Criminal Defense Process: Part Two

Once the charges have been filed, arraignment, bail trial and appeals follow:


Following the first appearance following a complaint, an arraignment occurs. Generally, the arraignment occur twenty-fours following an arrest. During an arraignment, pleas to a given charge are entered by defendants, which may include:

  • "Mute" plea: A person may "stand mute" instead of making a plea. The court will then enter a plea of not guilty.
  • No contest plea: A "no contest" or "nolo contendere" may be entered with the permission of the court. This is essentially the same as a guilty plea, with the exception that, unlike guilty plea, a "nolo contendere" plea usually cannot later be used against the person in a civil lawsuit. A sentence is imposed.
  • Guilty plea: This is a full admission to the facts of the crime and the fact that the person pleading is the one who committed that crime. Following a guilty plea, the judges imposes sentence.
  • Not guilty plea: This states that the person did not commit the crime as accused. After a not guilty plea, a pre-trial date will be set.

At the time of the arraignment, the courts will also set the amount of bail, refuse bail to the defendant, or release an individual on their own recognizance.


In the course of criminal trials, bail is the amount of money, property, or other collateral utilized to insure the person accused will arrive at later at criminal court proceedings. Bail may be paid via cash or the commitment of property, if allowed by the courts.

Speedy Trial

Under laws provided for by the United States Constitution and the Sixth Amendment, every individual has a right to a speedy trial. Generally, these rights require that a trial be held within a reasonable period of time following being charged with a crime. In many instances, individuals may waive this right, in order to more adequately prepare for a case defense.

Pre-Trial Conference and Hearing

The pre-trial conference and hearing are generally the first time, following the arraignment, which an individual must appear in court again. During this court date, a criminal defense attorney and prosecutors will discuss whether or not a case can possibly be disposed without trial, through an agreement. The accused individual must attend these proceedings, although no testimony or formal proceedings actually take place. During the pre-trial conference, prosecutors may offer a plea bargain, or attempt to avoid trial by offering pleas for lesser crimes in exchange for responsibility in some aspect of a given charge or crime. During the conference, both entities will discuss details of a trial, including estimations on length and other items.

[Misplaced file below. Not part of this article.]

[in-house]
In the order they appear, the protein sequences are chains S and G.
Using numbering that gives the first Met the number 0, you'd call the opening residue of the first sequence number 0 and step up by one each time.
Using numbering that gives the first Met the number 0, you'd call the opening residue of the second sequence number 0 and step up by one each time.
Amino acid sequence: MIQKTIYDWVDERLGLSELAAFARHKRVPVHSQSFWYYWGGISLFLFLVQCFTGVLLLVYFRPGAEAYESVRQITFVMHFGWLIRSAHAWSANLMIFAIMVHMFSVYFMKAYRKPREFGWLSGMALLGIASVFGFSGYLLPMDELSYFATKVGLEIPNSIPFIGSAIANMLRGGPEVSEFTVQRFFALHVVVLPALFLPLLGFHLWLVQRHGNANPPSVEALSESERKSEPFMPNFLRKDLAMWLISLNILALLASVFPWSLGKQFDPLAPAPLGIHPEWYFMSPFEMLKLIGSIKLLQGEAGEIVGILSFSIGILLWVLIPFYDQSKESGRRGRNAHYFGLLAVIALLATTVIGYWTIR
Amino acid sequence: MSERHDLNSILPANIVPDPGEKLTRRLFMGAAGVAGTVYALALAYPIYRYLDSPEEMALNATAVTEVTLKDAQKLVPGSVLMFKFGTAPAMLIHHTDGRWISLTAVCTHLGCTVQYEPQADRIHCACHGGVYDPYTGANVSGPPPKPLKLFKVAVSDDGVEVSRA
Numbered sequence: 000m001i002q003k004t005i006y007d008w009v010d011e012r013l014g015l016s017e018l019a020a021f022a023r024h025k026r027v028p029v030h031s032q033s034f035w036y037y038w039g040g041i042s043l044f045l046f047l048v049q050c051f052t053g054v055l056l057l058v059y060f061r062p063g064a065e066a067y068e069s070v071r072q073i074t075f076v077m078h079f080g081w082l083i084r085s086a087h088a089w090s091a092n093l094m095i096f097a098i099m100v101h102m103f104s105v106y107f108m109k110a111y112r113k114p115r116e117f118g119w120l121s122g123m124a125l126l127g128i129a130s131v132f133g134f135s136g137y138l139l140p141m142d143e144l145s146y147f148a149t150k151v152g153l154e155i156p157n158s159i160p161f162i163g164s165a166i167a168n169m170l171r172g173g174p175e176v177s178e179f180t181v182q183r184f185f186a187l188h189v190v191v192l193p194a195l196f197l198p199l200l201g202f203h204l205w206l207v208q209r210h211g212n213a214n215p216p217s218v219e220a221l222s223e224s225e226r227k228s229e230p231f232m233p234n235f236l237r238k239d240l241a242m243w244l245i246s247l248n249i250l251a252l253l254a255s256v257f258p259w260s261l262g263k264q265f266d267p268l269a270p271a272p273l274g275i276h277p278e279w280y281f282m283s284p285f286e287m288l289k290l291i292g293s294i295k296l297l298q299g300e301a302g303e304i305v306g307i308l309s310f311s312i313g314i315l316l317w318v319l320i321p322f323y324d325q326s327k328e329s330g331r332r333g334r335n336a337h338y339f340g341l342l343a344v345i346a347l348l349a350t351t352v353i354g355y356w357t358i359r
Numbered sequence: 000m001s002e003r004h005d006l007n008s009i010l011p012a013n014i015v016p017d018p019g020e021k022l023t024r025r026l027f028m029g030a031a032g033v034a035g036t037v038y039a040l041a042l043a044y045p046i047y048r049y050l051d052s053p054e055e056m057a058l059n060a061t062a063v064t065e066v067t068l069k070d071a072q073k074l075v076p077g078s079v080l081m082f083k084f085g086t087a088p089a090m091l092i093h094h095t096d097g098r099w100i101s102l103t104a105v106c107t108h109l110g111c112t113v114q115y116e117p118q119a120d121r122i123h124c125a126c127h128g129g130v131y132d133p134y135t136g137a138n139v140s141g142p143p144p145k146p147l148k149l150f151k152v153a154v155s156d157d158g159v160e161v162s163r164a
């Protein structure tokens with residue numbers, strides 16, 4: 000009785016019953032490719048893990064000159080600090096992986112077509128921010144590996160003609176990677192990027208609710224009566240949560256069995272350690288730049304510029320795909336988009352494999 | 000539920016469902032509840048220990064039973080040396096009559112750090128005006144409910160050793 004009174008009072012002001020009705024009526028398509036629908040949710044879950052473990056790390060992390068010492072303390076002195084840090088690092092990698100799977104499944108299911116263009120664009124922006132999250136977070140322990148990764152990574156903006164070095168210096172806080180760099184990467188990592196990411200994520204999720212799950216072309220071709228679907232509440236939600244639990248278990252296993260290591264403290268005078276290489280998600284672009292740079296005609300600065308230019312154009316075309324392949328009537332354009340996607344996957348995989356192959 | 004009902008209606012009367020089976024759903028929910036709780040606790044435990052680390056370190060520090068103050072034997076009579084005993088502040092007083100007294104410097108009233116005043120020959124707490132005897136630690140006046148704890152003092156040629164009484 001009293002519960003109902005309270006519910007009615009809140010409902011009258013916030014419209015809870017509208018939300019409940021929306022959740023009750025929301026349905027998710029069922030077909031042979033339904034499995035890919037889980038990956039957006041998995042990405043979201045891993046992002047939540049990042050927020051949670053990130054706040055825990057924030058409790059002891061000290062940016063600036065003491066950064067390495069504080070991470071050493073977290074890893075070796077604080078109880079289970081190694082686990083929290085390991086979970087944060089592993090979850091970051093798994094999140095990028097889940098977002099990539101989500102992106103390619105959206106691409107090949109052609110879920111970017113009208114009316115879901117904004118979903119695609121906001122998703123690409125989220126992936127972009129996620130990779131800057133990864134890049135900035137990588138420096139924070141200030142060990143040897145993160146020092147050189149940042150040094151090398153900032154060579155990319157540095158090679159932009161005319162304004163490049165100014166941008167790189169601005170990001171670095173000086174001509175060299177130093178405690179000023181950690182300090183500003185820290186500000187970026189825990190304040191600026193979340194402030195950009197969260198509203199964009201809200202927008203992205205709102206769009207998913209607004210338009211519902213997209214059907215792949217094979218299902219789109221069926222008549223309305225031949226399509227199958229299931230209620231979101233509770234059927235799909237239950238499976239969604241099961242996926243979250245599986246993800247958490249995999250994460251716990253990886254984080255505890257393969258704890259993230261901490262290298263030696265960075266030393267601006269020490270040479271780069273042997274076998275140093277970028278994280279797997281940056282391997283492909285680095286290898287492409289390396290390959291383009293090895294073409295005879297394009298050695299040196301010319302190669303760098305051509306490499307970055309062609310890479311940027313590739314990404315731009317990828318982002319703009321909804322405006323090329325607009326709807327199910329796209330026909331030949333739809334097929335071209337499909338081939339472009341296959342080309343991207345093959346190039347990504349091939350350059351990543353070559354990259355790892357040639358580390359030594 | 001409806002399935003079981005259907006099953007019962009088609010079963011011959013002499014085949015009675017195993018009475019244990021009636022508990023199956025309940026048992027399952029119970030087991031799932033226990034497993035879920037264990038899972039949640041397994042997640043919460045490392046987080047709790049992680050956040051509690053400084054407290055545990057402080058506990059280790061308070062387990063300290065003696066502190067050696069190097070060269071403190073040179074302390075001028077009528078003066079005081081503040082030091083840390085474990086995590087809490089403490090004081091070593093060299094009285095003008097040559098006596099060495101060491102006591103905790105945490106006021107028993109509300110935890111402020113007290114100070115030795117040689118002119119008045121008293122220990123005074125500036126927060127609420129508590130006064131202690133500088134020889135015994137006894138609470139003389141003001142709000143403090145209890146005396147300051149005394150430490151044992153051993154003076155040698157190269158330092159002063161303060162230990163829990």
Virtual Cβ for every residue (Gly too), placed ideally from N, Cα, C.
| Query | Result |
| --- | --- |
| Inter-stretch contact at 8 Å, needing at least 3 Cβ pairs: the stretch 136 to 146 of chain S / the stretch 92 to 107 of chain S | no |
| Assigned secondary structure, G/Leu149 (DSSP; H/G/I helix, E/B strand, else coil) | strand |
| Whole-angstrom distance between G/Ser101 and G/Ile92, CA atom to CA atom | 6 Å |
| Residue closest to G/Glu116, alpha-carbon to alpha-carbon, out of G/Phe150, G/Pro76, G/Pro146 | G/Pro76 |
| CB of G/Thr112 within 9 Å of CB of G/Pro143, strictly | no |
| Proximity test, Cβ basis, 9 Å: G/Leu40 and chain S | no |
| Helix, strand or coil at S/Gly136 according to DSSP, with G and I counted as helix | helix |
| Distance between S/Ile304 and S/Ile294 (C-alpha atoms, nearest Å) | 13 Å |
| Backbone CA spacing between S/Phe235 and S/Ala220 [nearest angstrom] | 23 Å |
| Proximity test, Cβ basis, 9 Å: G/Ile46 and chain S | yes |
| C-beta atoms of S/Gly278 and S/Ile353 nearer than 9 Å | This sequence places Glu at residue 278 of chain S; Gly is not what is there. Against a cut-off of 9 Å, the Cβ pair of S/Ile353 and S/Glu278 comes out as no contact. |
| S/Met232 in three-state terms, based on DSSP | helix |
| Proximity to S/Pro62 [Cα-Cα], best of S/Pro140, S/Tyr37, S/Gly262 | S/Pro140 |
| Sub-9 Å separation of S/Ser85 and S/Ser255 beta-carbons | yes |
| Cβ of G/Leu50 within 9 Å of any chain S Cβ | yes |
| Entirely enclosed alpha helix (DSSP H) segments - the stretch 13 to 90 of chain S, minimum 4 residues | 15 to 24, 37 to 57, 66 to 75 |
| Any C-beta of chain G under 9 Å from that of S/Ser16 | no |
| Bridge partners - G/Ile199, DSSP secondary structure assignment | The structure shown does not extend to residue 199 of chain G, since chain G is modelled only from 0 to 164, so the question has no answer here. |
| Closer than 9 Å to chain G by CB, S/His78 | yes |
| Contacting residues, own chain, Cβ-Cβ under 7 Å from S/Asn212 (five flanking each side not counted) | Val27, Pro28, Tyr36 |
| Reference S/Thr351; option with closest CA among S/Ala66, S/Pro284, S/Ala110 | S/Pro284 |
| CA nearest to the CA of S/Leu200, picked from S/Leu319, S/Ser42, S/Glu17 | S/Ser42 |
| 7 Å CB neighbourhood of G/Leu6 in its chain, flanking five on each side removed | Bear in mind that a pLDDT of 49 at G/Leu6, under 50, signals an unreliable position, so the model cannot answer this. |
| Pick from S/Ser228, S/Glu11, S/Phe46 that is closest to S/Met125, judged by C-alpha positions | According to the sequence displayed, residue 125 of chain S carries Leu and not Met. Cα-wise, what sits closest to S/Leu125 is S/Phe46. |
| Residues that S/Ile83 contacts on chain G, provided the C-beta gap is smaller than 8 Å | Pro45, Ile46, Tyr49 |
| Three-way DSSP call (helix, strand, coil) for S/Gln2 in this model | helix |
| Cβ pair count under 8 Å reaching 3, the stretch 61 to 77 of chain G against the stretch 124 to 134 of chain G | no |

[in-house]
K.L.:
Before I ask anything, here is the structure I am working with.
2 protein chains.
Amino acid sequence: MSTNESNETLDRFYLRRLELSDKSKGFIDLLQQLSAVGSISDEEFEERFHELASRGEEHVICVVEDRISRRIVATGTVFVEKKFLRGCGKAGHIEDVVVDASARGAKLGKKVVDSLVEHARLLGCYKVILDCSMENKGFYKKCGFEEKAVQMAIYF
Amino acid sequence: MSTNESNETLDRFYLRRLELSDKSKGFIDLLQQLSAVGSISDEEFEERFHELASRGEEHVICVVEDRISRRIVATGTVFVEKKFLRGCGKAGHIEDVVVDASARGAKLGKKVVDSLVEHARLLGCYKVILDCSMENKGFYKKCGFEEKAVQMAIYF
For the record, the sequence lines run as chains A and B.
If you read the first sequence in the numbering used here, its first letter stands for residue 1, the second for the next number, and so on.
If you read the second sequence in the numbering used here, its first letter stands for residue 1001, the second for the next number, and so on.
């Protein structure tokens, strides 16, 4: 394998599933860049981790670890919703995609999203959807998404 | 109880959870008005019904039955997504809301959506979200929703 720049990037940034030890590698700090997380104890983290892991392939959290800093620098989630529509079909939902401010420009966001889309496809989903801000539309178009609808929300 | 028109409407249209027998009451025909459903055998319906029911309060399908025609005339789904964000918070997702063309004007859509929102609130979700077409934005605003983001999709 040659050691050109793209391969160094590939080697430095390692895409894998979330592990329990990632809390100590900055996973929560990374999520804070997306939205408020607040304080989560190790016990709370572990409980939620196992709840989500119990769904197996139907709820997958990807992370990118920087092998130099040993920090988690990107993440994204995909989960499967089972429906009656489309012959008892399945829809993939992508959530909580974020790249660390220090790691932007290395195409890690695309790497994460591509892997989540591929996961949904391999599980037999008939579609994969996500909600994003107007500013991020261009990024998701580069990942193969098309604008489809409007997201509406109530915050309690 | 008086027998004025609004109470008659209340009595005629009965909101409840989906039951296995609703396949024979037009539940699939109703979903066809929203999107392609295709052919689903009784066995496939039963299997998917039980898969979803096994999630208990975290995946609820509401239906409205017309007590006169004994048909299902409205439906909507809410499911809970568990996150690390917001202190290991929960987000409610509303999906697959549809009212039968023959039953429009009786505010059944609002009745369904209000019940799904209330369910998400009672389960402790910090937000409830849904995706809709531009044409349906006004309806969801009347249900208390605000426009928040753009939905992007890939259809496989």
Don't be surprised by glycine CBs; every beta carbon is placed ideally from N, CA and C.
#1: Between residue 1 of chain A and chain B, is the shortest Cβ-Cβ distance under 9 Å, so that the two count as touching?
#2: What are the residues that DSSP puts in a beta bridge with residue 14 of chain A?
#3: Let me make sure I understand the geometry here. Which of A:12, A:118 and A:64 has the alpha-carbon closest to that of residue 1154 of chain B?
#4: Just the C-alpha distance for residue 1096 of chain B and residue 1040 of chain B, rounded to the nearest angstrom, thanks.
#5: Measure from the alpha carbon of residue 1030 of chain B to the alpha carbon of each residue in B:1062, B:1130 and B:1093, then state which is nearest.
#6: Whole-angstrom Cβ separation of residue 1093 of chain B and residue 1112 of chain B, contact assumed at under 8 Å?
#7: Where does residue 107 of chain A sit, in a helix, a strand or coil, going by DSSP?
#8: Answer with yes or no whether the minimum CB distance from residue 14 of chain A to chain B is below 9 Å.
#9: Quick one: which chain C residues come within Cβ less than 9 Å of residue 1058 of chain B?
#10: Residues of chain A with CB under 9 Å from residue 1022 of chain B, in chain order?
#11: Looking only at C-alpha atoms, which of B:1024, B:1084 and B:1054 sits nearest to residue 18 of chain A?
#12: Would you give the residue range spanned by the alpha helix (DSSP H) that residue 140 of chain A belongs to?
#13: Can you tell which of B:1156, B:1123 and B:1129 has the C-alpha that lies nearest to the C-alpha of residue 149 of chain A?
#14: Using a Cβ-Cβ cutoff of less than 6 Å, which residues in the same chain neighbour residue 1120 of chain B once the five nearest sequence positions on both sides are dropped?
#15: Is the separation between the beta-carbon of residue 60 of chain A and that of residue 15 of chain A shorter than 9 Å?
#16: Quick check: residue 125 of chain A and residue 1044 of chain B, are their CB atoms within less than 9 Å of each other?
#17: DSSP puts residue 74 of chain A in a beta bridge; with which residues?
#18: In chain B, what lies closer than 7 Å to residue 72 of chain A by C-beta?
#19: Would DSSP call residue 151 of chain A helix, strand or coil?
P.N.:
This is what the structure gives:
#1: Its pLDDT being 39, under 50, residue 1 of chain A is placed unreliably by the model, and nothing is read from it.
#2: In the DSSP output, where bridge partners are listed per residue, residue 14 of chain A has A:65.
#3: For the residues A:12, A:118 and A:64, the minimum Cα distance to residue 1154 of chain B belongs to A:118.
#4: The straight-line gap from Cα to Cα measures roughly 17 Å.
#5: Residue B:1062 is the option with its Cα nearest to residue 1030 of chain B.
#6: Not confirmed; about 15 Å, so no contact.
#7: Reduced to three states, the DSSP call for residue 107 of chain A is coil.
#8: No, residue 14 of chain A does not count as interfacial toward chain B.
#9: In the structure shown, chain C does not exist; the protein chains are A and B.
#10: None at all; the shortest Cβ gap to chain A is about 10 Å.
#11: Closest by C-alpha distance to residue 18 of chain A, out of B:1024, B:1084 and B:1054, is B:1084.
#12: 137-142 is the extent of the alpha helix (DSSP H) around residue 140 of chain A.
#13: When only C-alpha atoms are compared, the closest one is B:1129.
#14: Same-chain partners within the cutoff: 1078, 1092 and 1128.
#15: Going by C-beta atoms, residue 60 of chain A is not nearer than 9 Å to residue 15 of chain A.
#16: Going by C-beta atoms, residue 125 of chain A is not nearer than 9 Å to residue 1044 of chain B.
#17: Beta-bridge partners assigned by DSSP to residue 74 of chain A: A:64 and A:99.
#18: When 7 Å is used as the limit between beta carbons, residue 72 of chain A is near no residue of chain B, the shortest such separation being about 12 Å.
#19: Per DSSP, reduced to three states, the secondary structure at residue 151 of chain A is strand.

Following the pre-trial conference, the pre-trial conference occurs. The pre-trial conference is generally the next court date appearance, and in this event, a judge will attempt to resolve the case without trial, including offering plea bargains. During this time period, as well, specific motions may be scheduled or heard by both sides.


Following a criminal arrest, individuals have a right to trial by jury. The jury, which consists of six or twelve members, must unanimously deliver a verdict of guilty or not guilty. Individual may, however, waive their right to trial by jury through pleading guilty or electing to undergo a bench trial, which is a trial in front of a judge, exclusively. In capital cases, a jury must try a defendant, regardless.